Synopsis: Learning the ropes

Plasma flux ropes, which occur in events like solar flares, have been observed in experiments to bounce off each other instead of merging and annihilating.
Synopsis figure
Credit: Courtesy Tom Intrator, Los Alamos National Laboratory

In ionized environments such as the surface of the sun, magnetic field lines can become trapped in moving columns of plasma. These flux ropes can exhibit complex dynamics, and may attract or repel each other depending on the direction of current flow in the rope. In simulations and calculations, it is often assumed that if two flux ropes are attracted to one another by the Lorentz force, they will merge and annihilate. Writing in Physical Review Letters, Xuan Sun and colleagues at Los Alamos National Laboratory, US, report experimental evidence that mutually attracting flux ropes can actually bounce off each other instead of merging.

The authors studied this phenomenon at the Los Alamos Reconnection Scaling Experiment. The group created a pair of flux ropes inside the device with plasma guns and allowed the pair to evolve in three dimensions. They used a magnetic probe to map out the field strength and plasma parameters throughout the volume where the ropes were interacting. For some conditions the ropes merged as expected, but in other cases, Sun et al. observed ropes that began to merge but then separated. The Los Alamos team reports that these observations agree with a theoretical model of flux rope interaction and may have implications for understanding turbulence and energy production in astrophysical events like solar flares. – David Voss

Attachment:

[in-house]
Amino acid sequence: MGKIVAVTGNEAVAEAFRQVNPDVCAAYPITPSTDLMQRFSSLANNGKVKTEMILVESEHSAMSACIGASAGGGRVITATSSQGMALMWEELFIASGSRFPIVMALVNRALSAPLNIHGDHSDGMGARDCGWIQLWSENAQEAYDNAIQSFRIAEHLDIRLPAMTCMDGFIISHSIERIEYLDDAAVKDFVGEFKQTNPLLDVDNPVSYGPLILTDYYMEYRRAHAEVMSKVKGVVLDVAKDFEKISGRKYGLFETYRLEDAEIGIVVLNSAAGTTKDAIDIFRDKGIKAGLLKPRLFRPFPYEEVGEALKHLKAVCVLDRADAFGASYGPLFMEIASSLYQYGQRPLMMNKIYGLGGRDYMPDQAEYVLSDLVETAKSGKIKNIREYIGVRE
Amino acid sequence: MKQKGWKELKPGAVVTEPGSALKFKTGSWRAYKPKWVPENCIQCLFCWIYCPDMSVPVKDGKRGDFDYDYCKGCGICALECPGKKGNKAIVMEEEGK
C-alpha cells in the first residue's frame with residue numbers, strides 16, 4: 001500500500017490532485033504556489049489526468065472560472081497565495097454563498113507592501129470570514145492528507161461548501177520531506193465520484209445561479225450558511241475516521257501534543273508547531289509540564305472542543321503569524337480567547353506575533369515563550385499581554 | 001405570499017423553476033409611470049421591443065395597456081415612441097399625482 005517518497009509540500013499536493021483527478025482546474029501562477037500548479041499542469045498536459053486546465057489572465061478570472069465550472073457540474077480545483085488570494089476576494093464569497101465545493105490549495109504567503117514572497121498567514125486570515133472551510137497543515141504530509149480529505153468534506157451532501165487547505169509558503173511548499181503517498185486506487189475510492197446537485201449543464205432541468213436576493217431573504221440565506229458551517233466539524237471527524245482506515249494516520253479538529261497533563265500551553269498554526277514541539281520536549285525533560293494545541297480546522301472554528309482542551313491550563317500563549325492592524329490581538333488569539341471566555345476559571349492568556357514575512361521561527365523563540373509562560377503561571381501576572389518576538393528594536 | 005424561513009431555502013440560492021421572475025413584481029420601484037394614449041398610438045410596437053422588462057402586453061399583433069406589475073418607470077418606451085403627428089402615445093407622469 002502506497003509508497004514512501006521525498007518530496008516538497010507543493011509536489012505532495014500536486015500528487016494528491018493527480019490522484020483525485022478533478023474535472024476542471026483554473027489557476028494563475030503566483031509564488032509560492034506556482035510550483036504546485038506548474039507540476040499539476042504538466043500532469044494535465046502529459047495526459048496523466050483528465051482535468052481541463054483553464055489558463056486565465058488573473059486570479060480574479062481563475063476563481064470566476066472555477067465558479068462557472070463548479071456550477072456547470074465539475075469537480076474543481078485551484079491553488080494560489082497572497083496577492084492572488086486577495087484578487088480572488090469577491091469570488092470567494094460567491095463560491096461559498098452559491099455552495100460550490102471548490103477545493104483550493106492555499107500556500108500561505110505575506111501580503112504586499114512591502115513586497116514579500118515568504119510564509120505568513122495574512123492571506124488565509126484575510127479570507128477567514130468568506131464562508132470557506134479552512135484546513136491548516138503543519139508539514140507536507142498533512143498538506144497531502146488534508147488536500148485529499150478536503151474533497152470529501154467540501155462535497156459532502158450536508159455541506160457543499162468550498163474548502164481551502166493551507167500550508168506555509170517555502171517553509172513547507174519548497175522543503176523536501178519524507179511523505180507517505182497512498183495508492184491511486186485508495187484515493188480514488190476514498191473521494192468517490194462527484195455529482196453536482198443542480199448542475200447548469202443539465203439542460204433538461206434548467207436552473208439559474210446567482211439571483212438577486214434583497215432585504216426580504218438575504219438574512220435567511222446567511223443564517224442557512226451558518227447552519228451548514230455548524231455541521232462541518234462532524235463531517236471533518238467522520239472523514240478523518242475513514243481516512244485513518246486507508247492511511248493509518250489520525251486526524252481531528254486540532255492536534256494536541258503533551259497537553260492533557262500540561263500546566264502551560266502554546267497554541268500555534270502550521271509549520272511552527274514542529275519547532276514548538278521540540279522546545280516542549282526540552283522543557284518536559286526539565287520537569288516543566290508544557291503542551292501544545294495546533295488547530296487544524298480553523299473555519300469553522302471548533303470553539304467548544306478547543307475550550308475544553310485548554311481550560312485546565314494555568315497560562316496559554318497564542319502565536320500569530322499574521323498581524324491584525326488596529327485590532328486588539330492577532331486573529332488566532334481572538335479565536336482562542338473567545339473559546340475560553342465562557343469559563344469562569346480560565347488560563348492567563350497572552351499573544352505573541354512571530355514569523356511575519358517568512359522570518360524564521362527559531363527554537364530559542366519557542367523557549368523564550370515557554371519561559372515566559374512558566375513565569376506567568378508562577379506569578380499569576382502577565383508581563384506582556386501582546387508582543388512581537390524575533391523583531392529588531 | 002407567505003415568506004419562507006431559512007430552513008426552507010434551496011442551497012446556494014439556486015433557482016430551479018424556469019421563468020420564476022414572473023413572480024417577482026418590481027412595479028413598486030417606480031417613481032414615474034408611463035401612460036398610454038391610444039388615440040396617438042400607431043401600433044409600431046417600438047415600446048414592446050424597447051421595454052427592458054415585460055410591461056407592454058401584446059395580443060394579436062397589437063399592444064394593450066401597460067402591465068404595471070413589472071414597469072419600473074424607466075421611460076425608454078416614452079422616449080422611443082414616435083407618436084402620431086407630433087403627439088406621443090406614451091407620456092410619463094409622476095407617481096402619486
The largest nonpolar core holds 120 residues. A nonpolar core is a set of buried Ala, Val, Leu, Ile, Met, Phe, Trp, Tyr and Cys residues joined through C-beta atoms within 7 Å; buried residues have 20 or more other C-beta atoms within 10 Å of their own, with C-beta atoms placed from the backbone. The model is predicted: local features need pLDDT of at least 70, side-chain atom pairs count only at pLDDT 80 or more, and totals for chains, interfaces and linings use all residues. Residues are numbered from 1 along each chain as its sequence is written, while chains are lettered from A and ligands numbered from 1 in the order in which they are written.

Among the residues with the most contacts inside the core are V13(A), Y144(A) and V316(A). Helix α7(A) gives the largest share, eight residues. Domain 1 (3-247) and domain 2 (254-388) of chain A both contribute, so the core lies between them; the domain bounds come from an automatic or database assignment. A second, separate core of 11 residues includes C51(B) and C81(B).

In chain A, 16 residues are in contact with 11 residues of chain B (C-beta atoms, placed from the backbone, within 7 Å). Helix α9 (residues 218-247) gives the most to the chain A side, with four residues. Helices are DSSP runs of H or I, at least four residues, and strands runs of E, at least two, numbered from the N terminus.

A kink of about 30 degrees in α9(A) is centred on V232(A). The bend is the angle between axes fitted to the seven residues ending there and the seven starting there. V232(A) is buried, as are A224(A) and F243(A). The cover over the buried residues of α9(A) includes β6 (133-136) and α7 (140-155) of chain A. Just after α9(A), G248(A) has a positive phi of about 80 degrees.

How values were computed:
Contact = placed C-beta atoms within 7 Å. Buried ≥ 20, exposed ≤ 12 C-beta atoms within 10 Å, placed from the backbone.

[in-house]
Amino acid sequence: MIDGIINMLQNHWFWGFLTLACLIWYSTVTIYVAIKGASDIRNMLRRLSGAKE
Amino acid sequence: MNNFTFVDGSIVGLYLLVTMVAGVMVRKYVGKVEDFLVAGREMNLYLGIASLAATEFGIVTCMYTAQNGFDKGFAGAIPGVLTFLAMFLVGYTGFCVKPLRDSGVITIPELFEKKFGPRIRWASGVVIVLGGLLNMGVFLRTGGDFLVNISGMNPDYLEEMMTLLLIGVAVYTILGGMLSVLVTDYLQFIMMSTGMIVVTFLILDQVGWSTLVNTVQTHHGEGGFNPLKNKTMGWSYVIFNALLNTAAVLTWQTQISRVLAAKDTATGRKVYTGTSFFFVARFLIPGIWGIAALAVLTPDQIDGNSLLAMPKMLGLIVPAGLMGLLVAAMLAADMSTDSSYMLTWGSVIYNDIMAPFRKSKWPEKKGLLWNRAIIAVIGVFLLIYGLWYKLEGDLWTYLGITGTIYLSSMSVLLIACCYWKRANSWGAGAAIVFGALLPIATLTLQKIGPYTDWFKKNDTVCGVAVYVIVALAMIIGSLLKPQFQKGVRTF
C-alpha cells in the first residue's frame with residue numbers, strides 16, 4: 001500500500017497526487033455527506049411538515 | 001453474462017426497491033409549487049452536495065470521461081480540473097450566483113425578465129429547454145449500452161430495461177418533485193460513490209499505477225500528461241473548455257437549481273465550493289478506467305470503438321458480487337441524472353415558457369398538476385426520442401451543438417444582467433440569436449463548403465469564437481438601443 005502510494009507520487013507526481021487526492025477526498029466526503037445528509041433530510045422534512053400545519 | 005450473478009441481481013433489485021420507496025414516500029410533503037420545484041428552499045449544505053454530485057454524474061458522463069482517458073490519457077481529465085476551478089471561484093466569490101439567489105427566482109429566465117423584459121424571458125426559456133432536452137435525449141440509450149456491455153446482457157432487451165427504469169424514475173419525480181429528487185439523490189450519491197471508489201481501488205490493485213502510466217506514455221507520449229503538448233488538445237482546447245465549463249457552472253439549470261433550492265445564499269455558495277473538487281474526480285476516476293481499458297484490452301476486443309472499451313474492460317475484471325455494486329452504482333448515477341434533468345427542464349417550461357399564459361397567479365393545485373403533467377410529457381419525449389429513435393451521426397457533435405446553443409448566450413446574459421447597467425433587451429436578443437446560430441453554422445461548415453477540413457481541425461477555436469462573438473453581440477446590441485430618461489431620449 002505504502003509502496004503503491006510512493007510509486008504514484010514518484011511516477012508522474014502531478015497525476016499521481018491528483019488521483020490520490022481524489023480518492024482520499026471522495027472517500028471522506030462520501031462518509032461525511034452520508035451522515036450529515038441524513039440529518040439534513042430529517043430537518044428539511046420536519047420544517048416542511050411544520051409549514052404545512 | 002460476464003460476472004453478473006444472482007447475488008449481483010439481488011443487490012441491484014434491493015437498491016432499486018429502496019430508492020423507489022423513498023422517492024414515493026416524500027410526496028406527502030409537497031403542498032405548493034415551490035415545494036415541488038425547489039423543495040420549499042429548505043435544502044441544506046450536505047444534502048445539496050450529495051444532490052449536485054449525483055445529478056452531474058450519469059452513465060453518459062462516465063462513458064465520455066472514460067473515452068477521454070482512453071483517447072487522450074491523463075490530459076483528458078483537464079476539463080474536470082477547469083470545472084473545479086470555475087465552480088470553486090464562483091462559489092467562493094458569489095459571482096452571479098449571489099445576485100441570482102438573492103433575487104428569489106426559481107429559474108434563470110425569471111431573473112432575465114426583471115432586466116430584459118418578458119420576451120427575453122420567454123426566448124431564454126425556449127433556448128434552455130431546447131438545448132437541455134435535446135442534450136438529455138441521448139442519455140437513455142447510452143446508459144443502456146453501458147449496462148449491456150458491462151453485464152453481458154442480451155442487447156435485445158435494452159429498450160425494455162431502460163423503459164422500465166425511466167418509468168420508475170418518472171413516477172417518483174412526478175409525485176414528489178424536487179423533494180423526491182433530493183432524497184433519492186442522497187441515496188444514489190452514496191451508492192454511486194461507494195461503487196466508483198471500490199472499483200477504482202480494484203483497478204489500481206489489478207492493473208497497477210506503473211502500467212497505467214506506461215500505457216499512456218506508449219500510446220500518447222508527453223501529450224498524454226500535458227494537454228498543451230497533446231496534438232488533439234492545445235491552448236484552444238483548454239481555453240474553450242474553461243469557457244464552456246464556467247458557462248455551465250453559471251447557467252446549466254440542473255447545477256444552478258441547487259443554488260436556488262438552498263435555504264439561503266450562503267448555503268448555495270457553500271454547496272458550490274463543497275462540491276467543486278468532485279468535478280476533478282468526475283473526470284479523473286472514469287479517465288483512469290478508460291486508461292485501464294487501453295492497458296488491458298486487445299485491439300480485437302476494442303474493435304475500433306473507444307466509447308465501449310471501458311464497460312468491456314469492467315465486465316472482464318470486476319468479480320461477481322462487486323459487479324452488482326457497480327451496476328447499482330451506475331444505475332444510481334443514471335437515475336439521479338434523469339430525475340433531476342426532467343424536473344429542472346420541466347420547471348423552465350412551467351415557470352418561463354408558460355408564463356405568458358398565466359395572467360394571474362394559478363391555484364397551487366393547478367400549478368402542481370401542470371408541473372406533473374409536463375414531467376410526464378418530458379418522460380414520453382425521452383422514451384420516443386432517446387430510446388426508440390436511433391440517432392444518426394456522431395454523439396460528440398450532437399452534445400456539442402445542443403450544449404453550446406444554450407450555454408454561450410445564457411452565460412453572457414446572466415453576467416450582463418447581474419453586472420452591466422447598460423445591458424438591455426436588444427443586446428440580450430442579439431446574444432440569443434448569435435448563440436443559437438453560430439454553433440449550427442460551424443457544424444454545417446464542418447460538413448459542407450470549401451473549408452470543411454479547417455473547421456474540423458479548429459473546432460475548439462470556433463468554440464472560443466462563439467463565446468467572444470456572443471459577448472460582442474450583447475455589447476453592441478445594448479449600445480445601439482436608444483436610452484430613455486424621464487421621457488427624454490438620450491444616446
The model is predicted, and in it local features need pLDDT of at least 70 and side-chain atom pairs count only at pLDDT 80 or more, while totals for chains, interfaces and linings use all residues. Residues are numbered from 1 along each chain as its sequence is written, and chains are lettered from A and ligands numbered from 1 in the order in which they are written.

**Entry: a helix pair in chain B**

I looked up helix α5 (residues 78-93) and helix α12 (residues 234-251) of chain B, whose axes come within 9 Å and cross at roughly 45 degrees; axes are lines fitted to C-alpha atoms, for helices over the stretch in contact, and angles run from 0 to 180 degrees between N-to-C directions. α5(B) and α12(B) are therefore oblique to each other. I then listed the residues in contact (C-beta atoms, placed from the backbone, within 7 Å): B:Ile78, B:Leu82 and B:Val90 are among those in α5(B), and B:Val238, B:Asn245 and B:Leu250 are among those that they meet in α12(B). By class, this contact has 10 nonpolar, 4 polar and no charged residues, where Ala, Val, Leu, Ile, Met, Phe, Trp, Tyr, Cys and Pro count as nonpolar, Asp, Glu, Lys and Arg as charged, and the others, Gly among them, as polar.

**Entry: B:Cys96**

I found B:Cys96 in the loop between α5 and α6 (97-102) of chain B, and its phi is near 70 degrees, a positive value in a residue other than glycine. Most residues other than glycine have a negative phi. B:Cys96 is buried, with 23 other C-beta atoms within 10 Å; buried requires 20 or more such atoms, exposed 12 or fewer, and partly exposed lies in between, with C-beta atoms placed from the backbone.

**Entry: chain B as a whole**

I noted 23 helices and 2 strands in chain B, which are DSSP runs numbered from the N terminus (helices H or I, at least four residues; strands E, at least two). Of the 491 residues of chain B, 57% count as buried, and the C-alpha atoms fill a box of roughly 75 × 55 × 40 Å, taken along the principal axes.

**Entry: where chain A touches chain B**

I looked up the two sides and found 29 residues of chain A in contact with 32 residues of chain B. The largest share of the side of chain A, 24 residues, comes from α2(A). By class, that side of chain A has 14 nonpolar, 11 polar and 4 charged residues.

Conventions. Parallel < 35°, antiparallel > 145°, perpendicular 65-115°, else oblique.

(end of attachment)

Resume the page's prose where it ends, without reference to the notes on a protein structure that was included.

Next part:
Features

More Features »

Announcements

More Announcements »

Subject Areas

Fluid DynamicsPlasma Physics

Previous Synopsis

Next Synopsis

Atomic and Molecular Physics

Wind blowing over an ultracold sea

Read More »

Related Articles

Focus: <i>Video</i>—Fluid Video Contest Winners
Fluid Dynamics

Focus: Video—Fluid Video Contest Winners

Swimming starfish larvae, dripping paint, and swirling gas jets are featured in the APS Division of Fluid Dynamics’ winning videos. Read More »

Synopsis: How to Make Superhydrophobicity Last
Fluid Dynamics

Synopsis: How to Make Superhydrophobicity Last

Researchers find tricks to prolong the typically short-lived water repellency of a superhydrophobic surface. Read More »

Focus: Drops Falling in Clouds Make More Drops
Fluid Dynamics

Focus: Drops Falling in Clouds Make More Drops

Experiments with a simplified version of the atmosphere show that falling drops seed many smaller droplets in their wake. Read More »

More Articles